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Technology & Innovation

India’s Human Time Bomb Bodes Well For Economic Success

China ranks first, and India comes in a close second. This is how we have long imagined Asia’s two largest countries in all of their superlative categories. However, in a few areas–population foremost among them–the countries tie.

Both nations are considered among the world’s fastest growing emerging economies; both are BRIC members; both must develop at a rapid pace to bring their populations out of poverty; and both must expand their workforces every year to stave off unemployment. To accomplish this, China has 1.3 billion people and India 1.1 billion.

Their race for economic dominance–highlighted by investments in natural resources in Africa; competition for outsourcing projects; and efforts to establish regional defense superiority–hinges on how the countries wield their burgeoning populations.

As economies of the two Asian giants mature in the coming decades, human capital will be a significant driver of labor productivity growth led economic success. The current challenge for both nations is clear: turn the increasing productivity of working-age populations into an economic advantage.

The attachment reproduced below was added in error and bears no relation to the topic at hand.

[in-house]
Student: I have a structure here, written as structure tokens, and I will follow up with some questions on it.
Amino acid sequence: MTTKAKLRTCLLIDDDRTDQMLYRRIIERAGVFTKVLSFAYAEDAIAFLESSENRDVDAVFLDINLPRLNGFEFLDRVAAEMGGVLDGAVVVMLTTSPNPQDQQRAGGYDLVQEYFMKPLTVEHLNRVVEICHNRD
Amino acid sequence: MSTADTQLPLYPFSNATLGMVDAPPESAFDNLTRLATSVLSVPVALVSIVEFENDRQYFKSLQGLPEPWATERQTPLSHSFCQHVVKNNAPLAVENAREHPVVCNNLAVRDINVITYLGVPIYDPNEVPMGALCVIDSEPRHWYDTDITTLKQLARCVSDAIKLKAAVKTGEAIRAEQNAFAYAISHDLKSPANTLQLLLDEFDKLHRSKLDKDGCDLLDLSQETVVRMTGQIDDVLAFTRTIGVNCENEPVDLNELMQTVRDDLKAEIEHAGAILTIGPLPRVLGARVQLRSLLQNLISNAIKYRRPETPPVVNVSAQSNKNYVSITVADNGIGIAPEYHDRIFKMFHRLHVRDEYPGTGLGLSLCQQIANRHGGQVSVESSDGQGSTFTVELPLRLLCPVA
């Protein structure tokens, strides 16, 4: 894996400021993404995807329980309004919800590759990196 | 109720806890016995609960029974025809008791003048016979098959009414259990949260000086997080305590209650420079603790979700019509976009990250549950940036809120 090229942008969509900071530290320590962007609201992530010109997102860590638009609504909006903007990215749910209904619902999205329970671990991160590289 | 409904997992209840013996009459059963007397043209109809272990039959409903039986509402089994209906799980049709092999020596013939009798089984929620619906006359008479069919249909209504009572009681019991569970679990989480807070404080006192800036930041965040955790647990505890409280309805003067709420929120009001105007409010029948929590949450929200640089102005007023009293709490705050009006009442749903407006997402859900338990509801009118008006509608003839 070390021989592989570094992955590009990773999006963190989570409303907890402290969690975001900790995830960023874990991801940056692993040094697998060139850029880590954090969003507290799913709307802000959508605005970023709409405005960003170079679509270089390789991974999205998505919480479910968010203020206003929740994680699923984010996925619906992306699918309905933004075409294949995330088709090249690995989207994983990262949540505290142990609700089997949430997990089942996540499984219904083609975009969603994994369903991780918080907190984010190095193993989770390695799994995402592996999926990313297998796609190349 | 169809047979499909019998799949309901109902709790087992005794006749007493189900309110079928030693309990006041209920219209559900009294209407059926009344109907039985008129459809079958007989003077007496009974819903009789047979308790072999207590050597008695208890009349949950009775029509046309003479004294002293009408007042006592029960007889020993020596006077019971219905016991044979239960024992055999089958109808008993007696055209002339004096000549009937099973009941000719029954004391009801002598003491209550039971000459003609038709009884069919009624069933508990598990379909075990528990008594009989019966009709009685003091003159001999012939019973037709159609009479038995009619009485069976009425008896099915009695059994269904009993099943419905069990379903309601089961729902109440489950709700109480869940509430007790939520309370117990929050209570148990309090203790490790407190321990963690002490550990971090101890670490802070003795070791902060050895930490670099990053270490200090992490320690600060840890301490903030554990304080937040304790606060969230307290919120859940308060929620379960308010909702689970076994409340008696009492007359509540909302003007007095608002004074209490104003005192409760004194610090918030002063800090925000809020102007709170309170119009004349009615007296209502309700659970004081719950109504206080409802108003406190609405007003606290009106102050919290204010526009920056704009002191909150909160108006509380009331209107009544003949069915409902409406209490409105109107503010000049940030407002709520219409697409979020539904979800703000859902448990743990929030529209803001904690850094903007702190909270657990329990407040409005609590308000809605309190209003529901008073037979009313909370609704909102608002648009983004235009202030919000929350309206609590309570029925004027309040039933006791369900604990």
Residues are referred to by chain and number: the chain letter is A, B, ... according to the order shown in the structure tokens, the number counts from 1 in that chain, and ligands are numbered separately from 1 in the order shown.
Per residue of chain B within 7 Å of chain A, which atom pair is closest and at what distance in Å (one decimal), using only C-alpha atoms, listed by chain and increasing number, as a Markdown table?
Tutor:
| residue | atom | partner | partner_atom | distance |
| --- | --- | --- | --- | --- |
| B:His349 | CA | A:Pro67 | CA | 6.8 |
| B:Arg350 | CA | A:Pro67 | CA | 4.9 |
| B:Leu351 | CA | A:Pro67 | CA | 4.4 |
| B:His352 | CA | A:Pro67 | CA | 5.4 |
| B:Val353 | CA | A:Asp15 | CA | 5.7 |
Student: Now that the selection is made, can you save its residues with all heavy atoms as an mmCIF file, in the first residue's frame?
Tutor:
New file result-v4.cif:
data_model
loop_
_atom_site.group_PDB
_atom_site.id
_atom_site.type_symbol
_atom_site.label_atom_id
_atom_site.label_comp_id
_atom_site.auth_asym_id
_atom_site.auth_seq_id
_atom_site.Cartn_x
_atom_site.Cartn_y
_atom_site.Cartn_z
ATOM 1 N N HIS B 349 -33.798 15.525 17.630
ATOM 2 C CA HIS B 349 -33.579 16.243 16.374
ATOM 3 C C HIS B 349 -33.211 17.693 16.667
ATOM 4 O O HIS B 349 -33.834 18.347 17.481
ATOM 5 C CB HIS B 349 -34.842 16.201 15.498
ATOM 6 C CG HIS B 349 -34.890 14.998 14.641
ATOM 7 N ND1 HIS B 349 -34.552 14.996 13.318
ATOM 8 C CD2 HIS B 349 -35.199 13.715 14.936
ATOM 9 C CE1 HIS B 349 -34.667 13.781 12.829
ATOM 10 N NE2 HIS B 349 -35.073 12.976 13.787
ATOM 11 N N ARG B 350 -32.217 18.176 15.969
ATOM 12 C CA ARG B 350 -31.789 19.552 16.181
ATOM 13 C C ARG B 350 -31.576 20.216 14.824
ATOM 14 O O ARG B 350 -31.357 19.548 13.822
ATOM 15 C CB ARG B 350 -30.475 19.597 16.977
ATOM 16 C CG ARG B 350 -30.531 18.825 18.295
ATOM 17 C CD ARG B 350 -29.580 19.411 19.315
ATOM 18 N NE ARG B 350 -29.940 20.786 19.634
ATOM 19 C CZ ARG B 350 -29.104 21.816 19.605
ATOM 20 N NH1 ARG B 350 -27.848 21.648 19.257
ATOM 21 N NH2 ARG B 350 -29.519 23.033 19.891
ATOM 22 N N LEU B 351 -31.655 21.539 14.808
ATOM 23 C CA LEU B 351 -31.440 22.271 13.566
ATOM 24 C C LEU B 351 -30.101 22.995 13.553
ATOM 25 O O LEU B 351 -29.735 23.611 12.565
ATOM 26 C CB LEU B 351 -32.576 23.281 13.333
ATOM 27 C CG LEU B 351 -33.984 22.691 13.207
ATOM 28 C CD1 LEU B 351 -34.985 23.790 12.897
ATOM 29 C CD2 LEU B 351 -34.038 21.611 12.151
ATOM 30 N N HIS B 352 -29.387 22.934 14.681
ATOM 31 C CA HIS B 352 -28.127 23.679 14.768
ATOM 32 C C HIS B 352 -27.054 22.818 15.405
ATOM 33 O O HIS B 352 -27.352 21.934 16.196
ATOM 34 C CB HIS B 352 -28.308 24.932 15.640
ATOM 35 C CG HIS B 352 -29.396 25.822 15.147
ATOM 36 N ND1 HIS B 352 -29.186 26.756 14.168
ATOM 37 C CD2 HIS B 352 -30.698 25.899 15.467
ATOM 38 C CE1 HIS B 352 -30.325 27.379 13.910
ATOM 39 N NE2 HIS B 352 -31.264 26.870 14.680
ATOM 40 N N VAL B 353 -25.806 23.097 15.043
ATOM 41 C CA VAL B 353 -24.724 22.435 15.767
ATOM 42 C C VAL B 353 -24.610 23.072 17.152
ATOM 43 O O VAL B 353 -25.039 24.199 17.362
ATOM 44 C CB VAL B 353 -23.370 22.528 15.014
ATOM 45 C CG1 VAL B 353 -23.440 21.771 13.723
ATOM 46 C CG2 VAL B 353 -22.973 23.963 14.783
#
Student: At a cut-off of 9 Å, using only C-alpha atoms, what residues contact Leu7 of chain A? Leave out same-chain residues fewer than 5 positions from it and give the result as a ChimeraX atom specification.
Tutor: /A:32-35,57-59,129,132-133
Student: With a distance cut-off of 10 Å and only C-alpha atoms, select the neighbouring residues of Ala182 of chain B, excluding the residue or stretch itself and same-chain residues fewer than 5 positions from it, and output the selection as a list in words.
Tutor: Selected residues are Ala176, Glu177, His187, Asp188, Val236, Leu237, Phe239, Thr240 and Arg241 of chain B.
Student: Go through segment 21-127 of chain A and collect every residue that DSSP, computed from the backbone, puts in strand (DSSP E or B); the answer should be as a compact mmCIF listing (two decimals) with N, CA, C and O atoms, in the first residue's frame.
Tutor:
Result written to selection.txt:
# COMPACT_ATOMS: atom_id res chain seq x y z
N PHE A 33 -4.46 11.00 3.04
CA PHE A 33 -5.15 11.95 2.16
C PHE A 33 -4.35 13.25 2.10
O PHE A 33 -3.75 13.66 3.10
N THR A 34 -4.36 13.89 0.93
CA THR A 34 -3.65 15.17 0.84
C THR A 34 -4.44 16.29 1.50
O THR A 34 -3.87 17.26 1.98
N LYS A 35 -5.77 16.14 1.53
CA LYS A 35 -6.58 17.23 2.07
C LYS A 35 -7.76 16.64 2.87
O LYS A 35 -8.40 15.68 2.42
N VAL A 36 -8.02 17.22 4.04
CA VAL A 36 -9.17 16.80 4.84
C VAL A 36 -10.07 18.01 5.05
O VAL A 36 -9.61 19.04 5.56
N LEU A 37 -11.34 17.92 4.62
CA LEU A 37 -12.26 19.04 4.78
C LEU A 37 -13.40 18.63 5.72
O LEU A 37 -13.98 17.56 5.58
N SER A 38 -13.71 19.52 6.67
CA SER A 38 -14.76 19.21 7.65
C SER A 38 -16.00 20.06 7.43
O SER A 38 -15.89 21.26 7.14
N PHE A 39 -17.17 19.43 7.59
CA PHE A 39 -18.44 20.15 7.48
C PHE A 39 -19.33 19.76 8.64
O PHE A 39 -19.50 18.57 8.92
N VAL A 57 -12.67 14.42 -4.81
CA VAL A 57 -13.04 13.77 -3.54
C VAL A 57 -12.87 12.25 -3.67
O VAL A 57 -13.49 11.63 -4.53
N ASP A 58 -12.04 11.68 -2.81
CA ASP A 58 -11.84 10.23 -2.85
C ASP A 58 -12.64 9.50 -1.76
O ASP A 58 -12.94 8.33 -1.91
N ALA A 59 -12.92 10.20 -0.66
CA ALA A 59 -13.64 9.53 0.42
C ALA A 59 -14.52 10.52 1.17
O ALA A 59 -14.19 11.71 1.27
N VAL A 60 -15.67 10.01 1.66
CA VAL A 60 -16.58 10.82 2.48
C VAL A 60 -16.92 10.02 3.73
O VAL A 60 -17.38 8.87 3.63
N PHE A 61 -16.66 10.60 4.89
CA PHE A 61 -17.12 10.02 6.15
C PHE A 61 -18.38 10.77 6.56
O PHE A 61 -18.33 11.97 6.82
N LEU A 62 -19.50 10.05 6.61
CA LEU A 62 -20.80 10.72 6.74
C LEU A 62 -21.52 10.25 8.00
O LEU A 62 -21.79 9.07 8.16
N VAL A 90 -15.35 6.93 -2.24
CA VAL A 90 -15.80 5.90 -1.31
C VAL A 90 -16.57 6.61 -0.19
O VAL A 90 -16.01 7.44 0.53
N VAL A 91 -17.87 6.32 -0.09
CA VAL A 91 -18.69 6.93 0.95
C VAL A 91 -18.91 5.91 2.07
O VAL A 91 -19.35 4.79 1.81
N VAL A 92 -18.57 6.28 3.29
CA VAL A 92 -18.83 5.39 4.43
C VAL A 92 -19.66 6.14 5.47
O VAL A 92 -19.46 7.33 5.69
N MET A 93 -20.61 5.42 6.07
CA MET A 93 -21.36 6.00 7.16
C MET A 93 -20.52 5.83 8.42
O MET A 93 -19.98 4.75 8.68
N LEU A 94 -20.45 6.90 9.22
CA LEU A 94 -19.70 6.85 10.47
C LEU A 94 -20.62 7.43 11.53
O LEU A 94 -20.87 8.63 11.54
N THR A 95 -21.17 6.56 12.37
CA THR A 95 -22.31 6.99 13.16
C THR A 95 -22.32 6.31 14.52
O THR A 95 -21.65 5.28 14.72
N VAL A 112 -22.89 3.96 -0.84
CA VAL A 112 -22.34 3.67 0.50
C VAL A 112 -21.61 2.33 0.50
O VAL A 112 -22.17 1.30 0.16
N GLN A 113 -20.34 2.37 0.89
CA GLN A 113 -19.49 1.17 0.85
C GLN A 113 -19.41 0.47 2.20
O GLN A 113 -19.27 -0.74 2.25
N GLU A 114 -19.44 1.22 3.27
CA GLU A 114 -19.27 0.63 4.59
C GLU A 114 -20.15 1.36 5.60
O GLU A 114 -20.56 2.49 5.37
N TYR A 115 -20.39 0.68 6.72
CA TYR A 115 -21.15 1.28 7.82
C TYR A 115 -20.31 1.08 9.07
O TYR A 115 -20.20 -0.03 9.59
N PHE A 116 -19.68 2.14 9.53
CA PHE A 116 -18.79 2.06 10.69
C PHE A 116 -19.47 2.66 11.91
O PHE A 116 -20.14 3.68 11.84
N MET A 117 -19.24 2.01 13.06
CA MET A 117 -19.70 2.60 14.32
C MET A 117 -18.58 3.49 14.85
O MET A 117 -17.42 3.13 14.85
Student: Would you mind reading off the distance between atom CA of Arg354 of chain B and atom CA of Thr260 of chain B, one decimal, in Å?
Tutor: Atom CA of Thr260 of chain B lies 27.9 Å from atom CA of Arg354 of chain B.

The Federal Reserve Bank of New York notes that from 1995 to 2005, China’s labor productivity grew at approximately 6.4 percent per year, compared to 4.4 percent per year for India. Such numbers are impressive, especially given that for the same time period the developed economies of the U.S. and Eurozone grew at only 2 and 1 percent respectively.

But which country’s population will ultimately help accelerate economic growth? India has the edge.

The Times reports that China’s working-age population will peak in 2015, followed by a significant decline of over 23 percent by 2050. India on the other hand will not see such a peak until 2040. China’s onerous one-child policy, still in effect, has immense social benefits but a disastrous potential to create a labor shortage. In spite of China’s impressive growth in labor productivity, it is likely that India’s larger working age population will make it a more globally competitive economy.

Goldman Sachs’ paper “How Solid are the BRICs?” suggests India’s GDP per capita growth could rise to 8.9 percent by 2030, compared to China’s 6.5 percent and Brazil’s 5.2 percent. The statistics are mere projections, but provide a important benchmark to understand the impact of labor productivity growth on economic development.

As China ages, India will be able to harness its larger supply of working-age population, and that is where India may find its title as Asia’s ruling economy.


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